How do patients feel when they miss an attack of compulsive eating? Like an alcoholic who is not allowed to drink it all up, or a drug addict who can't obtain drugs. They feel that they must; or otherwise they must endure the unendurable. For example, if they don't get any tranquillizing food but are with a therapist, many feelings may come out: anger, disappointment, shame, guilt, hopelessness, despair, hunger and discomfort. If the therapist listens and allows patients to go through all their feelings and supports them as they proceed, they gradually learn to listen to their unpleasant feelings instead of eating compulsively. It then becomes possible to begin the work of solving their problems.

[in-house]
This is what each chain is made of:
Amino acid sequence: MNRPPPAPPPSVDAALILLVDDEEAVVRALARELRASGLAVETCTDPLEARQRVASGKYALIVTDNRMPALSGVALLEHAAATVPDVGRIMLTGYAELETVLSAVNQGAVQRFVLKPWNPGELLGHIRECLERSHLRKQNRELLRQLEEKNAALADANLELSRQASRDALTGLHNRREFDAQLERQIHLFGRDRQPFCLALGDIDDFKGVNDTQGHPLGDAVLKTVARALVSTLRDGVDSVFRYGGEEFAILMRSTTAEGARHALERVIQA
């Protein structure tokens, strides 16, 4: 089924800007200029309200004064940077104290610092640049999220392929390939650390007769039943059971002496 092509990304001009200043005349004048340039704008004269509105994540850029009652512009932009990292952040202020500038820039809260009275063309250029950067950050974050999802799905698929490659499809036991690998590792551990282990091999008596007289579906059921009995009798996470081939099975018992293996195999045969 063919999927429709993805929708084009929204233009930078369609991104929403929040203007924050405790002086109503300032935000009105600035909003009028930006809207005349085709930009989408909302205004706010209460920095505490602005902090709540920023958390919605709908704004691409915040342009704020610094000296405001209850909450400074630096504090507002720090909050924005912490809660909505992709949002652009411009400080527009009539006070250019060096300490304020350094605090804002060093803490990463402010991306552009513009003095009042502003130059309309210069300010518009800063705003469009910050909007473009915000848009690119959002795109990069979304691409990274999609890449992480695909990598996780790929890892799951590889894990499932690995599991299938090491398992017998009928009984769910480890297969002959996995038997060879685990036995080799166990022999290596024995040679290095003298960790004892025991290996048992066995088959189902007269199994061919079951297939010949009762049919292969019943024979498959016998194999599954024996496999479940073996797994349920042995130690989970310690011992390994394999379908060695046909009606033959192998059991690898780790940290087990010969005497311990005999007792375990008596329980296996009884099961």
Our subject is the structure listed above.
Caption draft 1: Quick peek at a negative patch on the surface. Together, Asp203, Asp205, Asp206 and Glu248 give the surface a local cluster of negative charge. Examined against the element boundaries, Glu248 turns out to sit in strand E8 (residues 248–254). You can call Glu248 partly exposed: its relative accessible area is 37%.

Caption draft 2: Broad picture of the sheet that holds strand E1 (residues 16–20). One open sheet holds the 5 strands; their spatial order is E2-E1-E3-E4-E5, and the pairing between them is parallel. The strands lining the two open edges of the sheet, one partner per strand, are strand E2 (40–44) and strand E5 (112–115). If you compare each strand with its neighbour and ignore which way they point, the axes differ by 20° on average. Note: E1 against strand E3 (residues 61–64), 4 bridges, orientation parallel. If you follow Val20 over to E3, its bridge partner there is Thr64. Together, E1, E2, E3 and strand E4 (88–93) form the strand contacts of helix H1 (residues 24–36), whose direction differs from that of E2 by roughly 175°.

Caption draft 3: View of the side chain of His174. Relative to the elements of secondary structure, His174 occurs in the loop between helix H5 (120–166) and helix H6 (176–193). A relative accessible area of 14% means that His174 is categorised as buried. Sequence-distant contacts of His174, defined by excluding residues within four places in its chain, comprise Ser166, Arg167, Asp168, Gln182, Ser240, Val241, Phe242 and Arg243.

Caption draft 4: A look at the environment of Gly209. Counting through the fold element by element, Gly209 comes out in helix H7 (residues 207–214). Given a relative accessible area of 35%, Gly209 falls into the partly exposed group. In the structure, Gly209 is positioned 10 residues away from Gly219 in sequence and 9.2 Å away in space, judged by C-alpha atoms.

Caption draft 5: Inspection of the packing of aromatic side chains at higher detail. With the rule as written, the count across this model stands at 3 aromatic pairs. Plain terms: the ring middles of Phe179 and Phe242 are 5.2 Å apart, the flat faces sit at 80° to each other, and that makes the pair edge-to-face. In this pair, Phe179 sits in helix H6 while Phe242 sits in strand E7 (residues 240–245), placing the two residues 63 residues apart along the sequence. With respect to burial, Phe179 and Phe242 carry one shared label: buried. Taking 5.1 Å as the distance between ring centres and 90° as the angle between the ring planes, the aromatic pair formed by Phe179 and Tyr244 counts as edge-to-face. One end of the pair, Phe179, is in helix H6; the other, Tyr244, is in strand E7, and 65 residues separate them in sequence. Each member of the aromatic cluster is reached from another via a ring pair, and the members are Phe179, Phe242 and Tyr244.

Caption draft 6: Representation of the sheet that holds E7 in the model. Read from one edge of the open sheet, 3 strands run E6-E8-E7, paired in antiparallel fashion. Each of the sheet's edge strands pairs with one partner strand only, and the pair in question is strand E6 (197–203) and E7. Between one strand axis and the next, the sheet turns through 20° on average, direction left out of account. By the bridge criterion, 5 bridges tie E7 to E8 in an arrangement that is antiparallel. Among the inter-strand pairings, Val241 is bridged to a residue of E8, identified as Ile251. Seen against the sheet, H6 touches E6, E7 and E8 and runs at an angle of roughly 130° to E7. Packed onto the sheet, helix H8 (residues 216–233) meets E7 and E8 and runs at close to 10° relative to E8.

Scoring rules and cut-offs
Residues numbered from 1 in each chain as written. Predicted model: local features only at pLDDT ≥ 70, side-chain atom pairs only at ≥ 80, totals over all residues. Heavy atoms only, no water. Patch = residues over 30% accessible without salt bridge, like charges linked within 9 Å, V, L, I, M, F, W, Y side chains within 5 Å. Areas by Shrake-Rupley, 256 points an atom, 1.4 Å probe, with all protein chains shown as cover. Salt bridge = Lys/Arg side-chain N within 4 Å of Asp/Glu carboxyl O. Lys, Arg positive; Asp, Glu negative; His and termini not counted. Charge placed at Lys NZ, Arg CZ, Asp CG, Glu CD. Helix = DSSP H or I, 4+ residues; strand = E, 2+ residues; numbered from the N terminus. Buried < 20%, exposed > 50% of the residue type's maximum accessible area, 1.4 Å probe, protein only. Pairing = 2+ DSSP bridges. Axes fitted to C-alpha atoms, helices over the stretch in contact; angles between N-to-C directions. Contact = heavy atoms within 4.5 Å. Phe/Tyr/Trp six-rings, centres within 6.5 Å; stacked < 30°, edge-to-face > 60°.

How do patients learn to recognize their real feelings? Even those who don't have a therapist can learn to manage their problems. When the urge to eat comes compulsively they can lie on a bed and, with eyes closed, concentrate on their feelings instead of eating. The alternative to compulsive eating is daring to endure their emotional life. Those with eating disorders are not clearly aware of their hunger and satisfaction feeling. They misinterpret other unpleasant feelings as a need to eat more. As the feeling of satisfaction does not automatically terminate the meal, as it does with normal eaters, they can continue to eat until their anxiety has ended. After the meal, anxiety increases again when they realize that they have acted wrongly and cheated themselves.